Even less likely is that owners, outside local or central government, will close their buildings and, other than in the most extreme cases, there is no legal requirement for them to do so. In the case of Wellington Central Library, where engineers identified that “the potential loss of seating of the hollowcore units presents a significant hazard and potential risk to building occupants following a significant earthquake event”. Mayor Justin Lester observed that "We're not legally obliged to close this building, we are morally obliged”. Not all building owners will see it the same way.
Those concerned about their buildings should seek information from engineers and owners and take engineering and, potentially, legal advice. Next steps can then be informed by reference to assessed risk, existing contractual positions and organisational health and safety policies and obligations.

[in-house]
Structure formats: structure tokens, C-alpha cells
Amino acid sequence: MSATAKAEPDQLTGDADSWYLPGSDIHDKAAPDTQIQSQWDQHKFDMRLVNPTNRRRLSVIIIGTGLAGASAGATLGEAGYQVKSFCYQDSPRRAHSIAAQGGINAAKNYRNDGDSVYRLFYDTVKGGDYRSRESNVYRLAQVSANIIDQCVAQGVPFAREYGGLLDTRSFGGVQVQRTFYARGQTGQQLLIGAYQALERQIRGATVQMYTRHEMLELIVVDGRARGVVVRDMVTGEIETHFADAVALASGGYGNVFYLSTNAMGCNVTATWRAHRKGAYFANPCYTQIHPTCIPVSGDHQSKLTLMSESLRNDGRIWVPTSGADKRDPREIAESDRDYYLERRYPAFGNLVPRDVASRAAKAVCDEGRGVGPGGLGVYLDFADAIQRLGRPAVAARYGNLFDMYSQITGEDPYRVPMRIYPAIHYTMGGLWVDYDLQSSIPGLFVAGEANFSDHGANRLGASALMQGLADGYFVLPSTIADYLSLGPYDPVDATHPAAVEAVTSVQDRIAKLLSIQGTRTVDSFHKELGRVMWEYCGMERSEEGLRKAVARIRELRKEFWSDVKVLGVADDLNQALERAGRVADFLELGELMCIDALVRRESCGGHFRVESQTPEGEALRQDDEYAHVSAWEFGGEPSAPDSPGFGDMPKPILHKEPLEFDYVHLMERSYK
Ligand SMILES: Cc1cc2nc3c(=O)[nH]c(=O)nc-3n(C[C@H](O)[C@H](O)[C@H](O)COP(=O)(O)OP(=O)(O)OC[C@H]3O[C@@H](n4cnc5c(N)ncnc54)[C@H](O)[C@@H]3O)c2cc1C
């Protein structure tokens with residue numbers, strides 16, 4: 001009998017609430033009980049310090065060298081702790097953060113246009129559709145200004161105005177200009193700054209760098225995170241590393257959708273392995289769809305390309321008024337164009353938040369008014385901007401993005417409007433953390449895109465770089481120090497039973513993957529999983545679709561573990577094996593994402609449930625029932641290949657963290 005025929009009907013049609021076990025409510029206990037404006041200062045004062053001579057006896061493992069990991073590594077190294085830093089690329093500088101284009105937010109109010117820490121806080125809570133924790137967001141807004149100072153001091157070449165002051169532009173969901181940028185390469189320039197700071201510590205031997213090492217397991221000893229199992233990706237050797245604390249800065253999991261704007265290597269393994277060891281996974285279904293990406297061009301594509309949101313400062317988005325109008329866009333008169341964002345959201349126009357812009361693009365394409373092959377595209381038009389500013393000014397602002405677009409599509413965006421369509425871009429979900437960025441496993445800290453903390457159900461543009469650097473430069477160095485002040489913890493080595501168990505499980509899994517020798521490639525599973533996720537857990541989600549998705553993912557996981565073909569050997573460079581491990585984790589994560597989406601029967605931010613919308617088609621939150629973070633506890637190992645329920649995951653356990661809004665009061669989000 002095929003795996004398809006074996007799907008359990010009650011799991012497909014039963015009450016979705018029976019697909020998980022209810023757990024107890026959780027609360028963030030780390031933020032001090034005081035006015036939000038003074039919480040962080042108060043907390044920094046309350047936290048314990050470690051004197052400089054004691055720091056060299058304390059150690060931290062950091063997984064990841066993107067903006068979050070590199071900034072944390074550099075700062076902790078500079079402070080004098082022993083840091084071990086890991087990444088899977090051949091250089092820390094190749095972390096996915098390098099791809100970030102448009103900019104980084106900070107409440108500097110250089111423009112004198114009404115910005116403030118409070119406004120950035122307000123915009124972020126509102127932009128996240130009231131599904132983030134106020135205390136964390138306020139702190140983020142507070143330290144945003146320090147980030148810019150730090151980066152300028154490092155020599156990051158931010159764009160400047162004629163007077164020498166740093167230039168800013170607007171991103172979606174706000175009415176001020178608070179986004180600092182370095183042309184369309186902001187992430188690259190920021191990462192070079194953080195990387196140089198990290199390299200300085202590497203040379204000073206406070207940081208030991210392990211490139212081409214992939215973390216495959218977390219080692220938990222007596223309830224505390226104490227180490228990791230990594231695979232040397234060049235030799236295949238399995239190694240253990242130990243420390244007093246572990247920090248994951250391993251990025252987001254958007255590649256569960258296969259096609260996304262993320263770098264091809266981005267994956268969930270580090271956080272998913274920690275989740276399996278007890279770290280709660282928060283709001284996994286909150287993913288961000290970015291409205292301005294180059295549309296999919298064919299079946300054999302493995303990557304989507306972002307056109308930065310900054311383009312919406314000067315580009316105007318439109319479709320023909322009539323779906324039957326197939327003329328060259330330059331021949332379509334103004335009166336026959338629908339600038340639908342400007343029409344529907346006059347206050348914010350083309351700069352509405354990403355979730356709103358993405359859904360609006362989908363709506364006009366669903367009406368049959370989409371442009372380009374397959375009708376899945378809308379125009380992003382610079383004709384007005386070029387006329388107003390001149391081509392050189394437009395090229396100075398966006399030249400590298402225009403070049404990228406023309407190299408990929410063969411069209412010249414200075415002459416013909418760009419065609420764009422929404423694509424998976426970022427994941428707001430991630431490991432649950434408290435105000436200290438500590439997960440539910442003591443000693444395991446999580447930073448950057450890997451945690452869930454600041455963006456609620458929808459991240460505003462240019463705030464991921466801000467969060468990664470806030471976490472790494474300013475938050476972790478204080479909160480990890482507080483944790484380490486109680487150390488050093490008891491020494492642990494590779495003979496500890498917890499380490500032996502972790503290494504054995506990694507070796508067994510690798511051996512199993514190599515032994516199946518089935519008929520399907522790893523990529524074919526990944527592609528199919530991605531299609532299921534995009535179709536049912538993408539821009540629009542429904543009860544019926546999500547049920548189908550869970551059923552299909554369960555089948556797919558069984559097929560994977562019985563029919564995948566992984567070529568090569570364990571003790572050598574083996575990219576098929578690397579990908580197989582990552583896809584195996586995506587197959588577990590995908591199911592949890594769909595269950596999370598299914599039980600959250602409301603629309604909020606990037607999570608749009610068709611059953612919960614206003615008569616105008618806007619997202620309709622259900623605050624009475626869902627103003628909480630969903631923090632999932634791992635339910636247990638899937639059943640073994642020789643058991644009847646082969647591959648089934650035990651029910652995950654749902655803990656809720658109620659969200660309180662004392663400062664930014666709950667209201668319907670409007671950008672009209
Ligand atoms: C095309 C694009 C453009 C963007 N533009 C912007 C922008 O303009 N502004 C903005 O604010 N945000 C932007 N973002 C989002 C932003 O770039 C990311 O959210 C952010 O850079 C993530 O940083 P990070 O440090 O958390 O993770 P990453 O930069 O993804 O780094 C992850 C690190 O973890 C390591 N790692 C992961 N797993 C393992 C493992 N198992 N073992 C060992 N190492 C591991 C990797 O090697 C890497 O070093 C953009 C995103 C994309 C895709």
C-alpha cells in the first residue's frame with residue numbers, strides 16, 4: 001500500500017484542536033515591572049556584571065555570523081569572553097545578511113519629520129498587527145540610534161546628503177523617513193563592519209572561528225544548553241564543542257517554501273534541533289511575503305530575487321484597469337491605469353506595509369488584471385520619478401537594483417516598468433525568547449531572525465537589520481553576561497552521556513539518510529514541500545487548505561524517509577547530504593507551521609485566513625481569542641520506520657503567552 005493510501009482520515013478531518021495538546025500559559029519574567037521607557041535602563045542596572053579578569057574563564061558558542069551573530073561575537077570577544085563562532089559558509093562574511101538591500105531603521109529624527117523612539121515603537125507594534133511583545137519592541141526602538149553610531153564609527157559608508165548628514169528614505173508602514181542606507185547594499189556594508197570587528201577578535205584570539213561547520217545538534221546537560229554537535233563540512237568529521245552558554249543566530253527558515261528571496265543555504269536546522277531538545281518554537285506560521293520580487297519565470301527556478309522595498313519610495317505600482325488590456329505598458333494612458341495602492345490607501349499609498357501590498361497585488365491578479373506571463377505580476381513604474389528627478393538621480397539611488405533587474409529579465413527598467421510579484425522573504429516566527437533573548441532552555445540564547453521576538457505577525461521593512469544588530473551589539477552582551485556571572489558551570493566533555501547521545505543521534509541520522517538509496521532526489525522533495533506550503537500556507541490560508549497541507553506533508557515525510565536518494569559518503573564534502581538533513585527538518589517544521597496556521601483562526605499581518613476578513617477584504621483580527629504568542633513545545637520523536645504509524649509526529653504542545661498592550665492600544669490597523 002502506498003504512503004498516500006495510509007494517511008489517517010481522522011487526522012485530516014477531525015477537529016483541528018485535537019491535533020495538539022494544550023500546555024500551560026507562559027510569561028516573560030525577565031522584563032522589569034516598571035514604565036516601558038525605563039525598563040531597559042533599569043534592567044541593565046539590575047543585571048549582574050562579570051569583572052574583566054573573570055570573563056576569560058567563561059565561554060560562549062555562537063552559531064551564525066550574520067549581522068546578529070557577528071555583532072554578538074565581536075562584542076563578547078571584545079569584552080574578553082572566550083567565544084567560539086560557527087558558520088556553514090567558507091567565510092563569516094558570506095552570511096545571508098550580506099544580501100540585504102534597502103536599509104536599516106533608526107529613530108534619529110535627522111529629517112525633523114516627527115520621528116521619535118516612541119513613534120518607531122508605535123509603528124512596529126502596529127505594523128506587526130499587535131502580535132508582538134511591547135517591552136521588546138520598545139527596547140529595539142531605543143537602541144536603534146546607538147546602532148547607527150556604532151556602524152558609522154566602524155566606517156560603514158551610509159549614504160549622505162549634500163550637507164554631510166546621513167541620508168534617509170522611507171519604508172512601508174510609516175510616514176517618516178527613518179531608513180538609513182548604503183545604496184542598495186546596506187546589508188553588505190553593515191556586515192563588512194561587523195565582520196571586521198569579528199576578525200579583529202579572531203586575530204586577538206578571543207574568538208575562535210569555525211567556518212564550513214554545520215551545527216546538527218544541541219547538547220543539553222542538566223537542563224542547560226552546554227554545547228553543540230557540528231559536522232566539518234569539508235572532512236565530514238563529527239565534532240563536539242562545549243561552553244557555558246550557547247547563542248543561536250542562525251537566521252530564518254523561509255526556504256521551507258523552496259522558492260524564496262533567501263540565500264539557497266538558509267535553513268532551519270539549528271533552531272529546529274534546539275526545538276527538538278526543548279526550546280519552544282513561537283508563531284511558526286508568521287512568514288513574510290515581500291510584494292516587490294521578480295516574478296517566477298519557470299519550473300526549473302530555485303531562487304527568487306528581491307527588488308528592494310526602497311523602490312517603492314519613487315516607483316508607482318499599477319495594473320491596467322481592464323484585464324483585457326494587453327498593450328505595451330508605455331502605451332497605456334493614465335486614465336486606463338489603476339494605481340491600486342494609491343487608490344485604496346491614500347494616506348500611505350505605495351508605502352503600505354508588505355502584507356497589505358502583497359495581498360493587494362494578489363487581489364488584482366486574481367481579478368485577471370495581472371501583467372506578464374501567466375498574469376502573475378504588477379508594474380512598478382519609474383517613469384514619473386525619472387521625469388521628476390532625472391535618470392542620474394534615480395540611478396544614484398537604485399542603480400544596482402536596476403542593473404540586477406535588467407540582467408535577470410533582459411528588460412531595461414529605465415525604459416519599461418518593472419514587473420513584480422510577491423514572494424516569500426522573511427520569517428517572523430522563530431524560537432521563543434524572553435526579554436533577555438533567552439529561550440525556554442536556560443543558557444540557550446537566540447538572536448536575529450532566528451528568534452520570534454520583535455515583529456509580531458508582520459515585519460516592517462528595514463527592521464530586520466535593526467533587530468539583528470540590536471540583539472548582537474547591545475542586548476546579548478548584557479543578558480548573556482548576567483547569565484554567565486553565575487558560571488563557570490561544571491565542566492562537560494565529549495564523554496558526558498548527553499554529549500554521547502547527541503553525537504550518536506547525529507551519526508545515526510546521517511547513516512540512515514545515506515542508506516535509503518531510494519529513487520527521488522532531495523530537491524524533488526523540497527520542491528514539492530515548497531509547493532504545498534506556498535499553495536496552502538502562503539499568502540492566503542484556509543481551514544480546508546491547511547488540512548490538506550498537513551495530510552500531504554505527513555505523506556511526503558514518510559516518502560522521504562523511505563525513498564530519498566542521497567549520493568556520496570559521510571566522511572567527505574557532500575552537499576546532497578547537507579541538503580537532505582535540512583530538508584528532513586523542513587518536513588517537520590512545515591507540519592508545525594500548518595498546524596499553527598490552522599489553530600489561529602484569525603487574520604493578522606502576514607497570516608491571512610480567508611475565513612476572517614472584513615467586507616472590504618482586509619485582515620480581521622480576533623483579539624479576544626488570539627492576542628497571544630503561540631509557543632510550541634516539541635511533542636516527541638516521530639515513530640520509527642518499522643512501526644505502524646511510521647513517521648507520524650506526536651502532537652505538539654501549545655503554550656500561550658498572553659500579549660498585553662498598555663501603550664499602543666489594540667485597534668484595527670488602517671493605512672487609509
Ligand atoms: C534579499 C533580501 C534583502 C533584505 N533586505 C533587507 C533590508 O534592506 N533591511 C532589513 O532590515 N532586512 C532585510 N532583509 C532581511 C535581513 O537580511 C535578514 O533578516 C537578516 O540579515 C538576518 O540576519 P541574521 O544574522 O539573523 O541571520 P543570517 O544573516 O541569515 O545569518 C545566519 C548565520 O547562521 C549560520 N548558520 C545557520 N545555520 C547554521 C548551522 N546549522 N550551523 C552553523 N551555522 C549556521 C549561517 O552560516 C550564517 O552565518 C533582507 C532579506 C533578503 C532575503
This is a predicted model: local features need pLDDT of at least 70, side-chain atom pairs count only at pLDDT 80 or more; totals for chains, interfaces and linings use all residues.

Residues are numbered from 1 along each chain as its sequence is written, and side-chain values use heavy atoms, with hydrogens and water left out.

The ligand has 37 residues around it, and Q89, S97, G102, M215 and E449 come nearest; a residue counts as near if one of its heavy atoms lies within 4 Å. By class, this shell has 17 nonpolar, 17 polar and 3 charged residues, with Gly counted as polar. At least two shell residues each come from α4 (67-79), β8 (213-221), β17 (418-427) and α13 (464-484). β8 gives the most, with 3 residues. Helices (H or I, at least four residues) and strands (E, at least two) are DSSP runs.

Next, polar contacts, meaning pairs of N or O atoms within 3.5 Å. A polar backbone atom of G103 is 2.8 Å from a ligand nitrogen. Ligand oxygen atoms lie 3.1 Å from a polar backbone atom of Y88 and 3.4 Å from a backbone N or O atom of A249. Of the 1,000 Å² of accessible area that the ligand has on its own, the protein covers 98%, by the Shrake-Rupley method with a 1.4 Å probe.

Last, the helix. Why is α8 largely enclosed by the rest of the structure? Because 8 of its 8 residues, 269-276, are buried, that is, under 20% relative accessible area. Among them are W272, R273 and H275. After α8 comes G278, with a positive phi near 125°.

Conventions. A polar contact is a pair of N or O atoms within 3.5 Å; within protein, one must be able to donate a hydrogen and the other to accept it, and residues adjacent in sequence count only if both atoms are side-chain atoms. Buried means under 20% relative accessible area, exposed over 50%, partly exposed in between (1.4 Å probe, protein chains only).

Doran Wyatt is a Partner with expertise in seismic matters, leasing and developments. He acts for a range of Crown agencies and institutional investors and is based in Greenwood Roche’s Wellington office. The content in this article is not legal advice. Our team would be happy to assist with any specific issues.
Lauren Semple, who leads our Resource Management Team presented at the Property Council Residential Development Summit in February 2019.
Some philosophical issues to sort out with an Urban Development Authority model based on our experiences in Christchurch. If coming to the end of the use of such powers in Christchurch is seen as a “return to local leadership” does it follow that the use of such powers in the first place is an affront to local democracy? And how does that fit with the intention to deliver national UDA legislation. Good conversation starter. Want to know more, please do not hesitate to contact Lauren Semple or our Resource Management team.